steve maloney huey artist

Rescue Mission

With Take Me Home Huey, artist Steve Maloney gives Vietnam veterans a vehicle to connect and heal.

Steven Biller Arts & Entertainment, Current PSL

steve maloney huey artist

Steve Maloney puts discarded objects and scraps to use in his colorful and poignant artworks.



Editor’s note: Palm Springs Life was saddened to learn that Steve Maloney died on the evening of Feb. 23, as the March 2021 issue containing this story reached our readers.

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Steve Maloney is a man with big ideas and the will and means to realize them. The artist, who splits his time between Palm Springs and Rancho Santa Fe, has spent the better part of the last five years transforming a boneyard Vietnam-era helicopter into a colorful sculpture and touring it around the United States as a traveling veterans memorial called Take Me Home Huey.

It’s also the nucleus of a multimedia project consisting of an Emmy Award-winning documentary directed and edited by Christine Steele and Alicia Brauns, a commissioned song by Jeanie Cunningham, an educational website, and a coffee table book out March 29, Vietnam Veterans Day.

“The mission of Take Me Home Huey,” Maloney says, “is to honor over 2.7 million Vietnam veterans who never got a welcome home and bring awareness to post-traumatic stress disorder and other mental health issues that many veterans face when they return home.”

The project traces to 2012, when President Barack Obama issued a proclamation establishing Vietnam Veterans Day. “I started thinking about that period of time,” says Maloney, the son of a World War II veteran and 21 years old in 1963 when he enlisted in the Michigan National Guard. “The Huey helicopter was an iconic symbol of the Vietnam War.”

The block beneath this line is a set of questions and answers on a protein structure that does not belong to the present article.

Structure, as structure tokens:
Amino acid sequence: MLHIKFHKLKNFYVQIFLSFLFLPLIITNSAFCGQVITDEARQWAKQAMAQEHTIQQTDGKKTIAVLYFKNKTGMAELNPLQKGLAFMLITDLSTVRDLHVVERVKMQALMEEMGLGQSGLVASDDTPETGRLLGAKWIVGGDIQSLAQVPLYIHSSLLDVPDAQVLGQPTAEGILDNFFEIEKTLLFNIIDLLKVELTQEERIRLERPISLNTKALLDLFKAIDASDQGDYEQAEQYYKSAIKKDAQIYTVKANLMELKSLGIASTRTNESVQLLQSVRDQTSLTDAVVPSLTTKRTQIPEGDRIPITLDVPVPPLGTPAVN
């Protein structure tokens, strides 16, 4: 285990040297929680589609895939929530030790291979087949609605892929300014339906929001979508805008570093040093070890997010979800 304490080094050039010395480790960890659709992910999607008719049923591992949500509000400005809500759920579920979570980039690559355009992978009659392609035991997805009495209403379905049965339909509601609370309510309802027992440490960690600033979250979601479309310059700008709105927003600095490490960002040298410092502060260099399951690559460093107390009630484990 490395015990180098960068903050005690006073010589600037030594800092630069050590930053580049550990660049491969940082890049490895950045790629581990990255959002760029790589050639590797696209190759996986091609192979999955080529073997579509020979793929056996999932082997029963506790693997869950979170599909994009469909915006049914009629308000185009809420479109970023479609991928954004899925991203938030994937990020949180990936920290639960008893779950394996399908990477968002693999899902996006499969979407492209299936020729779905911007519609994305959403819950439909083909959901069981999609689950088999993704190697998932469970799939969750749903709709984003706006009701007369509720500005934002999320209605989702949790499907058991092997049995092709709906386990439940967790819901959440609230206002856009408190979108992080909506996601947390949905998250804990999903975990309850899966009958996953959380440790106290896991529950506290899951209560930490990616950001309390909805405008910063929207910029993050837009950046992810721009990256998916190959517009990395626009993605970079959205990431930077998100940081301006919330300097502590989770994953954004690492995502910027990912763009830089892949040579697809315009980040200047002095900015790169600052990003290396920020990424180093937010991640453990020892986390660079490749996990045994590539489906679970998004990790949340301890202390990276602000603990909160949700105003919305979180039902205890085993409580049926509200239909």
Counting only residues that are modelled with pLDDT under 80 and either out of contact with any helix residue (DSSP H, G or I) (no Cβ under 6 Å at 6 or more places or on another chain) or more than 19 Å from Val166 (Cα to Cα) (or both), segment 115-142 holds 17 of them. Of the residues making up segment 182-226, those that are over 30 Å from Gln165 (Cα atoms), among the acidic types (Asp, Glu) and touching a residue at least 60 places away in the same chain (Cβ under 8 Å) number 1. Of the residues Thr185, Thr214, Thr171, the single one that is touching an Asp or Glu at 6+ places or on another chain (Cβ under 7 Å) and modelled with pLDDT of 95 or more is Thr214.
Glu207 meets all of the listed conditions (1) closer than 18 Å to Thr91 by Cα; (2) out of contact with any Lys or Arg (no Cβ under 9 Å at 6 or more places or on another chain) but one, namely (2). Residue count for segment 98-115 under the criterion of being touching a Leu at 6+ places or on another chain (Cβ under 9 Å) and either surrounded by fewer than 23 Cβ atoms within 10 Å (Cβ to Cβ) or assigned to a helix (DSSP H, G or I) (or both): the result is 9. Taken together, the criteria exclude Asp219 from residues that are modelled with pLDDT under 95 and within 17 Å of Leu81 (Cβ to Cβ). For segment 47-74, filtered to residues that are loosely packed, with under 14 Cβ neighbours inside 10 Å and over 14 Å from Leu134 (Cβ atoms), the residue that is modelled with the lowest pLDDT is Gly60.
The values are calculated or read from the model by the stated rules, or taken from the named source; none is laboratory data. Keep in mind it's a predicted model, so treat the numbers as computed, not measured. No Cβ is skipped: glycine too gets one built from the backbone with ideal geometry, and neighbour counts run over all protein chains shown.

“Huey” was the nickname for the UH-1H Model 205 Bell Iroquois helicopter. About 7,000 of them flew in Vietnam.


Steve Maloney

In 2015, the Arizona-based nonprofit Light Horse Legacy identified and acquired a hollowed-out Huey that had been shot down during a 1969 medical rescue for Maloney to resuscitate as an artwork. “This Huey transported the wounded,” Maloney says, “but it also transported soldiers into hell and out of hell and brought their mail and everything else to them. It was their lifeline.”

The organization’s founder, Dave Barron, used the tail number to research the history of their 47-foot-long helicopter and eventually reunite surviving soldiers and families connected to it.

Meanwhile, the process of transforming the aircraft into a sculpture was a trip in its own right. “It took a lot of thought and research — reading and seeing films about the Vietnam era,” he says, noting how he imagined the tail boom as a soldier’s arm, tattooed with “things he remembered from home — a girlfriend, a car, mom’s apple pie.

That was all part of the experience. It took a long time working through the process and being open about it.”

He exhibited Take Me Home Huey as a work in progress in a pop-up studio at the Palm Springs Air Museum. There, he says, “I could engage in conversation with various veterans. They could see the compositions and we could start talking.”

Inside the aircraft, Maloney suspended original gauges and instruments and installed a time capsule that contains photographs, letters, and items donated by veterans and their families who he met when he put the helicopter “back in service.”